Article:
Skip to the short version

” The tube detonated with a doughy ‘wump’ “

As usual, I did not come up with this idea myself. I was not influenced by any one recipe – simply browsing through dozens of “pizza roll” and “rolled up pizza” recipes available on the interwebs was enough to get an idea of what to do.


Ingredients:

  • 1 tube Pillsbury pizza dough
  • 1 metric ton shredded mozzerella
  • 1 gaggle pepperoni (I’m pretty sure they come in gaggles. If not, they should)
  • green olives to taste (Read: The whole jar.)
  • olive oil
  • Italian seasoning
  • 1 jar premade pizza sauce


Directions:

Set your oven to 375 degrees F.  Lay out a sheet of aluminum foil on a cookie sheet and mentally prepare yourself to open the tube of pizza dough. I know that opening the tube sounds simple, but it didn’t go so smoothly when I tried it. Perhaps it would have helped if I had read the directions, or perhaps I am exceedingly sub-par when compared to whatever Pillsbury considers to be the lowest common denominator. Regardless, when I pulled the little triangular tab, the tube detonated with a doughy “wump”, shredding the pristine sheet of rolled up pizza dough that was once inside. Super. If this same exact thing happens to you, welcome to the slow class – there’s an available seat right here next to mine. Do your best to patch together the tattered dough remnants into something vaguely rectangular and place it on the sheet of foil.  Try not to dwell on this humiliating moment.

Add a layer of pepperoni directly onto the Frankendough, covering as much area as you can.  Next sprinkle some shredded cheese…. No, not sprinkle. Sprinkle is too small of a word to describe how cheese is applied. Heap some shredded cheese on top of the pepperoni in an even layer. Wait, you’re saying. WAIT. Where’s the sauce?? Aha! That’s all part of the plan. The sauce comes later. Much later. For now just keep your socks on and do what I say.

Add any other toppings you like at this point, namely green olives. Lots of ’em.  I’m not sure if any other pizza toppings actually exist, but if they do feel free to use them I guess. You can also dash a bit of Italian seasoning over the top of everything as well, and maybe add some garlic powder and Parmesan if you’re feeling extra sassy.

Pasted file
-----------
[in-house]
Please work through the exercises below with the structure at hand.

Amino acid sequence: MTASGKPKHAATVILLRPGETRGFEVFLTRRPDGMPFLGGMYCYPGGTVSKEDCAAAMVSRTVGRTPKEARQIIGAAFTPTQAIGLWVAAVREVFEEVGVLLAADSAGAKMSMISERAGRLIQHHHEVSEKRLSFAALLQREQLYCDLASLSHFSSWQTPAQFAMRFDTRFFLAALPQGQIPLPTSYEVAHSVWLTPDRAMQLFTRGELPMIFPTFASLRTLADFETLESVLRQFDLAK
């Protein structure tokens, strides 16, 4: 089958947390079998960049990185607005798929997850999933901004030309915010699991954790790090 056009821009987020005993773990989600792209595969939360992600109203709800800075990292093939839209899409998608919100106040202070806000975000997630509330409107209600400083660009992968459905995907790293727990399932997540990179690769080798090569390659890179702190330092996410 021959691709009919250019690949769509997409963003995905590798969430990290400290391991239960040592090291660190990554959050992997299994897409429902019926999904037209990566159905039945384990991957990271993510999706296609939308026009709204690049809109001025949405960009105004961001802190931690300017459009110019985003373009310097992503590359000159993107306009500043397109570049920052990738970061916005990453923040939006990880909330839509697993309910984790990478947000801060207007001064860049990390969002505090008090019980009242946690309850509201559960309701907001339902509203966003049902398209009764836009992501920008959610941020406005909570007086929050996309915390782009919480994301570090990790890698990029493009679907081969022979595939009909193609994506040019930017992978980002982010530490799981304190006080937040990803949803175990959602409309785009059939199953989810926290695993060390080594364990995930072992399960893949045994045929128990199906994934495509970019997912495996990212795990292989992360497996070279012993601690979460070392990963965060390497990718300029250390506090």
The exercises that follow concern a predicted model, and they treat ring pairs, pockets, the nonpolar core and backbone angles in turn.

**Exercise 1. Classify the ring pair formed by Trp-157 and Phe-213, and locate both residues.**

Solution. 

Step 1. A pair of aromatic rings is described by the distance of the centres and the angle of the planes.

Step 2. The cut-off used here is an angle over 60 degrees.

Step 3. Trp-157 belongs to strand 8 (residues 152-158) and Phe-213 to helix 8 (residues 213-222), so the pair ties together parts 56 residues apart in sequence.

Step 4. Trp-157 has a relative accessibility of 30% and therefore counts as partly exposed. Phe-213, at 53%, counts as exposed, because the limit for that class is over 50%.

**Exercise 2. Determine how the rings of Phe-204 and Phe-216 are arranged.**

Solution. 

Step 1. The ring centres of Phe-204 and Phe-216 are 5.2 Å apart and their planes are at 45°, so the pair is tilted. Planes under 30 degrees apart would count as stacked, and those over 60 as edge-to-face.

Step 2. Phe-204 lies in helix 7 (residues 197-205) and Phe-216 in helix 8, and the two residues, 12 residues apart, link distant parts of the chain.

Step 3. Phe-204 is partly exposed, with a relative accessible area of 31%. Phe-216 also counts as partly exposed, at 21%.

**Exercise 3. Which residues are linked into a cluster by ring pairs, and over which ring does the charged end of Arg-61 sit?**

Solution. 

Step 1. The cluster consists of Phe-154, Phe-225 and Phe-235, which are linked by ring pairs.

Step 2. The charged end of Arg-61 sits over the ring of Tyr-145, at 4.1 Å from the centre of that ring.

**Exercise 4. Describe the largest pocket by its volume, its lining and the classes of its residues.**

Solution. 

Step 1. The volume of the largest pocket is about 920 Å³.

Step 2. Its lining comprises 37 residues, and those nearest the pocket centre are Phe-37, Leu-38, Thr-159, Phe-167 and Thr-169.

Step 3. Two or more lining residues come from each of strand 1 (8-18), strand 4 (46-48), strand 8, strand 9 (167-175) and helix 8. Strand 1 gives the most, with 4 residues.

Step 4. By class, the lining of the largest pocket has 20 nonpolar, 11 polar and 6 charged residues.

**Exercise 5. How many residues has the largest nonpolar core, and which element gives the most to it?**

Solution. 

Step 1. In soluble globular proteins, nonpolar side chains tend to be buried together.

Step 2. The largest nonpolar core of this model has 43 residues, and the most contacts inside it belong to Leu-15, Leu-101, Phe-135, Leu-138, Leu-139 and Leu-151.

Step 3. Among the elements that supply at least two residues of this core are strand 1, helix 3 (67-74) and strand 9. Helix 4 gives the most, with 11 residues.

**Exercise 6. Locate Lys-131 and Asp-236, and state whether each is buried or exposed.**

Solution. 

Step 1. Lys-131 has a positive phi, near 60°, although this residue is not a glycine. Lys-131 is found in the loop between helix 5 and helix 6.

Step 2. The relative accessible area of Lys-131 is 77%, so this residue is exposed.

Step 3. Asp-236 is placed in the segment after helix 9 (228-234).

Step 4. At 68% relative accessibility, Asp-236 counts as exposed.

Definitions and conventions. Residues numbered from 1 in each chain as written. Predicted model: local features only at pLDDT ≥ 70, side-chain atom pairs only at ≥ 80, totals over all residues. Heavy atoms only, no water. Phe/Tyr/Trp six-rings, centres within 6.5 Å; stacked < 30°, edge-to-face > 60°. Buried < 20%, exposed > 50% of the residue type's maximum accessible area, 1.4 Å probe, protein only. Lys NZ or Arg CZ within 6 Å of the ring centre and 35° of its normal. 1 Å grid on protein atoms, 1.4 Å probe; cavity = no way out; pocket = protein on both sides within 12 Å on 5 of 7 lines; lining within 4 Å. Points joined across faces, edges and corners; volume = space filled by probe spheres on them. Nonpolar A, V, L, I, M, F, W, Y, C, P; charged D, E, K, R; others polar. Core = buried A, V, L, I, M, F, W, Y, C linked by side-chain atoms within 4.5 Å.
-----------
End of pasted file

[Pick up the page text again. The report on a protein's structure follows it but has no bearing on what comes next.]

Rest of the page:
It ain't pretty, but even an ugly pizza can be a good pizza.

It ain’t pretty, but even an ugly pizza can be a good pizza.

Starting at one of the shorter sides, carefully begin rolling up the whole mess into kind of a large mutated burrito.  Lightly rub the top with some olive oil and a dust bit more Italian seasoning on top to help hide the horrific scars.  Stick it in the oven for about 25 minutes or until the top is golden brown.

I don't remember putting a hand grenade in this before baking it.

I don’t remember putting a hand grenade in this before baking it.

Ah. Well this is awkward. Quickly, cut the roll into slices before anyone notices that the whole operation has gone pear-shaped.  At this point, just pretend like everything that has happened so far has been according to plan.  The more confident you seem, the less likely guests will be to question your methods.

Serve the roll slices with some warmed up pizza sauce (for dipping) and try not to burn off all the flesh from the roof of your mouth.

Well hey, that didn't turn out so bad afterall.

Well hey, that didn’t turn out so bad afterall.



tl;dr

Experimental pizza roll

Ingredients:

  • 1 tube Pillsbury pizza dough
  • 1 metric ton shredded mozzerella
  • 1 gaggle pepperoni
  • green olives to taste
  • olive oil
  • Italian seasoning
  • 1 jar premade pizza sauce


Directions:

Preheat your oven to 375 degrees F. Open tube of dough and lay on a flat surface. Layer on pepperoni, cheese, olives, and any other toppings you like. Roll up dough and pinch trailing edge against roll to seal. Brush with olive oil and sprinkle Italian seasoning on top. Bake for 25 minutes or until top is golden brown. Slice roll and serve with heated pizza sauce.